After the armed conflict in northern Mali in 2012, which led to Jihadists taking control of the province, music was banned from radio stations and the streets. Johanna Schwartz’s documentary follows musicians Disco, Songhoy Blues, Moussa and Khiara as they leave the place they call their home, in order to nurture their love of music and performing.
For us in the West, it is hard to imagine a world without music, but this is exactly what happened when Shari’a Law was imposed on Northern Mali. They Will Have to Kill Us First follows musicians from around the country as they come to terms with this loss in their lives. Most are defiant, some lament, but all are determined to keep on playing.
The characters profiled in the film are, for the most part, charismatic and strong; Disco – whose real name is Fadimata Walet Oumar – is a strong, forthright and outspoken woman, who makes it clear that while she has left the area of conflict, she will not be happy until she goes home. The same goes for Khaira, who wants to put on a show in her native Timbuktu. Moussa is a less charming figure; he left his wife in the battle-torn Goa and she was imprisoned for being in the wrong place at the wrong time, and he says he doesn’t see anything inherently wrong with Shari’a Law, other than the fact it does not allow him to play music. The band ”Songhoy Blues’ are intelligent, talented men whose journey in the film takes them from the recording studio to London, and back again.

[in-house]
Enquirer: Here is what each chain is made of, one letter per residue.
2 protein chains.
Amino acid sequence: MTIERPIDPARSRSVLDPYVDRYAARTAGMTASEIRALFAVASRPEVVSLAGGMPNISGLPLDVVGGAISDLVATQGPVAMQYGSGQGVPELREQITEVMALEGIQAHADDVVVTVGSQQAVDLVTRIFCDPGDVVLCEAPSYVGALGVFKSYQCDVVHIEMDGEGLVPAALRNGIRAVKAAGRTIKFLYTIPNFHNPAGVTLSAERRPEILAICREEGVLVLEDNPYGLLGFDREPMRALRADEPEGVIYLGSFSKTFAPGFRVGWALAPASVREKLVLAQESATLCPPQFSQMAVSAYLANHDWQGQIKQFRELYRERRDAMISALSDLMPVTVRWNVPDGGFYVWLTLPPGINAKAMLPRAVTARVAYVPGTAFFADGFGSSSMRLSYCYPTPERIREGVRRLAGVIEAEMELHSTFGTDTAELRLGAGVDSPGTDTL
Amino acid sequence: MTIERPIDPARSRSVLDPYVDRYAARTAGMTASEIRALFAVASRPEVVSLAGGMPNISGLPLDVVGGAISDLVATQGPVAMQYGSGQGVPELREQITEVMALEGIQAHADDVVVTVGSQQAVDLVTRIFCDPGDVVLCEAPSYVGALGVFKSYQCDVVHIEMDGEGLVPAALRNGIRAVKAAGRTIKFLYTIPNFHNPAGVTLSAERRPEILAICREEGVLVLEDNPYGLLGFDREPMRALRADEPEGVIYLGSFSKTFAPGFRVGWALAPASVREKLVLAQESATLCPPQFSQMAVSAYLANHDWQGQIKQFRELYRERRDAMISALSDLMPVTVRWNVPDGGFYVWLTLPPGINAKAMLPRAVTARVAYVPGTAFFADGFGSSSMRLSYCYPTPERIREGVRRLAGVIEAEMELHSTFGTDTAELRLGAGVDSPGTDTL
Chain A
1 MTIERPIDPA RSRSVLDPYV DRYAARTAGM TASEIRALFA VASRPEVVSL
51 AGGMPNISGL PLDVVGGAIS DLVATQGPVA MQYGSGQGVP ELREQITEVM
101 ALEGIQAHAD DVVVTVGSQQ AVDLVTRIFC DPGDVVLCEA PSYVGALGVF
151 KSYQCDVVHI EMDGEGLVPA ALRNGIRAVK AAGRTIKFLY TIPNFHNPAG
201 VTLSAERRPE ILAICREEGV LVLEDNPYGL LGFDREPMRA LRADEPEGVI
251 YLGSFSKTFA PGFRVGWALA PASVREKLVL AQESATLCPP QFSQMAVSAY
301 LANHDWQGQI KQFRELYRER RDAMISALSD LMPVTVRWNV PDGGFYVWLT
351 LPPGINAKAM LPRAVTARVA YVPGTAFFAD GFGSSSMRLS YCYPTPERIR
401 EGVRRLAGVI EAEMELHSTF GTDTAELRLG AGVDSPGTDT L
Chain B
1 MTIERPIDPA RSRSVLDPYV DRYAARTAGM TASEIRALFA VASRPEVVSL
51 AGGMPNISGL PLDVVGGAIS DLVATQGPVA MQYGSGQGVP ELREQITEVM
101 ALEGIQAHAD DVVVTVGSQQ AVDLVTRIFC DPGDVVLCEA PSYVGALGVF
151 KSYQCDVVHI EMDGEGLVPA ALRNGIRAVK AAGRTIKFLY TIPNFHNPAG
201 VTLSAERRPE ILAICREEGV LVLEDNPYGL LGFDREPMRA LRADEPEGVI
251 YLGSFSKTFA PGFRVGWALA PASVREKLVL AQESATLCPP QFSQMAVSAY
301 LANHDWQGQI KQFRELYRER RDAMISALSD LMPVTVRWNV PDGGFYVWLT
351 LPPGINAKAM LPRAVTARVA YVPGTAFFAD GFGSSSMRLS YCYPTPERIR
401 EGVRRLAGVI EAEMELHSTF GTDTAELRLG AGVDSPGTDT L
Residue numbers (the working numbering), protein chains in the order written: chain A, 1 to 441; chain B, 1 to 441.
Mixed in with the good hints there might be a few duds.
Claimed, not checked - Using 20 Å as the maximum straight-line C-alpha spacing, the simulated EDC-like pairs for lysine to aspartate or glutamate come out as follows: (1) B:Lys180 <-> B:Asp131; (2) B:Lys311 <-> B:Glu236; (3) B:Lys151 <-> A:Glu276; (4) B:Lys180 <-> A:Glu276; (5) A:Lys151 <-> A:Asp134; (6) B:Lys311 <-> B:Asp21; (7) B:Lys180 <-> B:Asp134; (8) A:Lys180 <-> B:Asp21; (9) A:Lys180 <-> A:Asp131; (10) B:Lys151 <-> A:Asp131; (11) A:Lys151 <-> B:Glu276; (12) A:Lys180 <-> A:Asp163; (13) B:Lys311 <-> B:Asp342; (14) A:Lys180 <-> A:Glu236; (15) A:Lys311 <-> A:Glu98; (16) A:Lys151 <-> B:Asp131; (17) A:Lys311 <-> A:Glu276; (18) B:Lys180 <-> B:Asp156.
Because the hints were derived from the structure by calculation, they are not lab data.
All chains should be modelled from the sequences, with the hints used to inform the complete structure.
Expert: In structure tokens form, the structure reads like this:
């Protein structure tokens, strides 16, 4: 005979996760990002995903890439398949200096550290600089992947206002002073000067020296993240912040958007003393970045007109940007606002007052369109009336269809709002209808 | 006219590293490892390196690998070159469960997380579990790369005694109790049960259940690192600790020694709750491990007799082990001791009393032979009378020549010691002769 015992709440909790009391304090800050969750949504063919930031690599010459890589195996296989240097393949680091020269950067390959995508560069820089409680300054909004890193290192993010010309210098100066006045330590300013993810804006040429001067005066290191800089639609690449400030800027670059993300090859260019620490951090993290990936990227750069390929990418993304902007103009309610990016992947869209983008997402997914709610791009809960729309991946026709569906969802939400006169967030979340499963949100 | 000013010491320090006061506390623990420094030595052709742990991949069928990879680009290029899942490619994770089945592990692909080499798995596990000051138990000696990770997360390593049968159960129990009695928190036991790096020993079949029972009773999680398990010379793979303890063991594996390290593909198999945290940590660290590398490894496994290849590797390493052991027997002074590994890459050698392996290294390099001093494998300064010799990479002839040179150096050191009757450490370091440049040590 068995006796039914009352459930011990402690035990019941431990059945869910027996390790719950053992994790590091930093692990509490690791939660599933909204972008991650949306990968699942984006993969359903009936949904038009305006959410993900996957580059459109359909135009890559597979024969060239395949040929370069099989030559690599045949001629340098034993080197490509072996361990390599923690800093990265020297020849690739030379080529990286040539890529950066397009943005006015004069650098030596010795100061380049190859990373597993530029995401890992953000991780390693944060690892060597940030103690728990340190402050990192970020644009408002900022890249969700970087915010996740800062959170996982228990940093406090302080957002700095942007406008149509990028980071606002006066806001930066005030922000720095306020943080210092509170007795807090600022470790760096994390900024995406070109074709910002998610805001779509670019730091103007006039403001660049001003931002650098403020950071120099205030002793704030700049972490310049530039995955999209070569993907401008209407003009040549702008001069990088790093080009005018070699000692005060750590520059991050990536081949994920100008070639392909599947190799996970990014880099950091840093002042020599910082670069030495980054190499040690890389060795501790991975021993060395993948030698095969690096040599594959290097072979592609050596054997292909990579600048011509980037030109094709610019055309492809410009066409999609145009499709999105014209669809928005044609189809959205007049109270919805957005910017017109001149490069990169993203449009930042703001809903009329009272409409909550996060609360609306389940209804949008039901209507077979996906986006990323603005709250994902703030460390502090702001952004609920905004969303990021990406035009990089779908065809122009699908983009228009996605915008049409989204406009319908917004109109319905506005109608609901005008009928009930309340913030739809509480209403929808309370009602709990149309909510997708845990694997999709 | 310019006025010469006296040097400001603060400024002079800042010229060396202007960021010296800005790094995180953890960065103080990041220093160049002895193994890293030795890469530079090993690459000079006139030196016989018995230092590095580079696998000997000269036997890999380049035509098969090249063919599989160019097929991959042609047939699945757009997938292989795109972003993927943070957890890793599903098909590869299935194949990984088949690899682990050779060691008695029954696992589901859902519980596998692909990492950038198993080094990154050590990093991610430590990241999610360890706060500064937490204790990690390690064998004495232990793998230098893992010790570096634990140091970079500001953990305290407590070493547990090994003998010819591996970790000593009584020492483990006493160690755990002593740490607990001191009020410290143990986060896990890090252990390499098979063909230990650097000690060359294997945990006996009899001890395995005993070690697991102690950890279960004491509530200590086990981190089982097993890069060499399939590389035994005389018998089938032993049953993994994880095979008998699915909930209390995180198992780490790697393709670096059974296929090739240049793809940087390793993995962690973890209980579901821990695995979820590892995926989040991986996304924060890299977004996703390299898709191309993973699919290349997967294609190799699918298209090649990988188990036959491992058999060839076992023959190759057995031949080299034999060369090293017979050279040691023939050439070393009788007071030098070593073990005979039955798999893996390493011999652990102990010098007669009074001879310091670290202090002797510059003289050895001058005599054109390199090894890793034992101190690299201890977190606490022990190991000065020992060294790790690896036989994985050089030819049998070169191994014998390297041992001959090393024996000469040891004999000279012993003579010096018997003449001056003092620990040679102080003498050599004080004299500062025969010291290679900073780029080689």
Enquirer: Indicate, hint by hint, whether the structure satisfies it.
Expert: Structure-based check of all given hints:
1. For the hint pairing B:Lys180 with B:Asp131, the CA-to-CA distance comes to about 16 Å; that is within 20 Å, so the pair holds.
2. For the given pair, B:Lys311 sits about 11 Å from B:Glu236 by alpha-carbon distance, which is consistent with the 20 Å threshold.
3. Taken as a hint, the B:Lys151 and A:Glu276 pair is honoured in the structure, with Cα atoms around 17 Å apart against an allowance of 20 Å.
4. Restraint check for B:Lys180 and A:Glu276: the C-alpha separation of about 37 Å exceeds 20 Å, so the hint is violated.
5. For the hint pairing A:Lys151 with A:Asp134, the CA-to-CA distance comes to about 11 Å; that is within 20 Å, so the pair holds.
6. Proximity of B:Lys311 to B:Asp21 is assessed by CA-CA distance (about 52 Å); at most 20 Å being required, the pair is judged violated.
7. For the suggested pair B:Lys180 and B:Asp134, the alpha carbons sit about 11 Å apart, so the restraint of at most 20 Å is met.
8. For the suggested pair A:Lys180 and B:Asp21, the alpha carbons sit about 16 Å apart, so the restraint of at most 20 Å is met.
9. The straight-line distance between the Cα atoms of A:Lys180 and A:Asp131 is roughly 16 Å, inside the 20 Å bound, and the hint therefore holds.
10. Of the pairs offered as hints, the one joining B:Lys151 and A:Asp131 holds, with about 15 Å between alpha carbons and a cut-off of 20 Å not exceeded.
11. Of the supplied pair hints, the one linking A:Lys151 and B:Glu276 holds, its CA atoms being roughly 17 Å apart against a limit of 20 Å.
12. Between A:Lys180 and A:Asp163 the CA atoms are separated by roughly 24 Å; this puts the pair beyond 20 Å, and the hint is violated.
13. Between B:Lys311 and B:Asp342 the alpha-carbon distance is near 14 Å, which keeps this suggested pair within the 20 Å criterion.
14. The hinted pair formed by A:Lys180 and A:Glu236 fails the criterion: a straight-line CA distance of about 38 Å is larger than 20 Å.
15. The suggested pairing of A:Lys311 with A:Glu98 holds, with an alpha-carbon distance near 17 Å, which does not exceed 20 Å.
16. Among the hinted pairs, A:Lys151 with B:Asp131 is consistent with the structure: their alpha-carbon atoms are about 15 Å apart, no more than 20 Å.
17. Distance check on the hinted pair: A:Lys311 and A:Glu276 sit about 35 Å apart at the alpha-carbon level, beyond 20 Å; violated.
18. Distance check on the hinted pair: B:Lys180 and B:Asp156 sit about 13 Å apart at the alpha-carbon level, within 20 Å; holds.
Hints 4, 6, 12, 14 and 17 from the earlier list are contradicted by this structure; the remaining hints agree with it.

Director Johanna Schwartz has chosen strong, educated and charming people as the subject of her documentary and, while a certain level of political discussion is needed to give the film context and a reason for existing, They Will Have to Kill Us First never truly gets bogged down in the political whys and wherefores of the conflict. The focus, instead, is on the people who have lived through the violence. The first half of the film is strong; allowing the audience to get to know the people featured, and their personal and often heartbreaking stories. The second half of the film is more fractured; with ‘Songhoy Blues’ heading off on tour, the film becomes divided between Africa and England, meaning the pacing drops and the impact of these highly personal and moving stories is lost. Thank goodness there’s a happy ending in sight though!
In all, They Will Have to Kill Us First is a film about music in Mali, but also one about the resilience of the human spirit. The first half of the film is definitely stronger, with the impact of the story being lost as it movies across the globe, but nonetheless, They Will Have to Kill Us First is powerful examination of human resilience. Oh, there are also some pretty great songs in there too.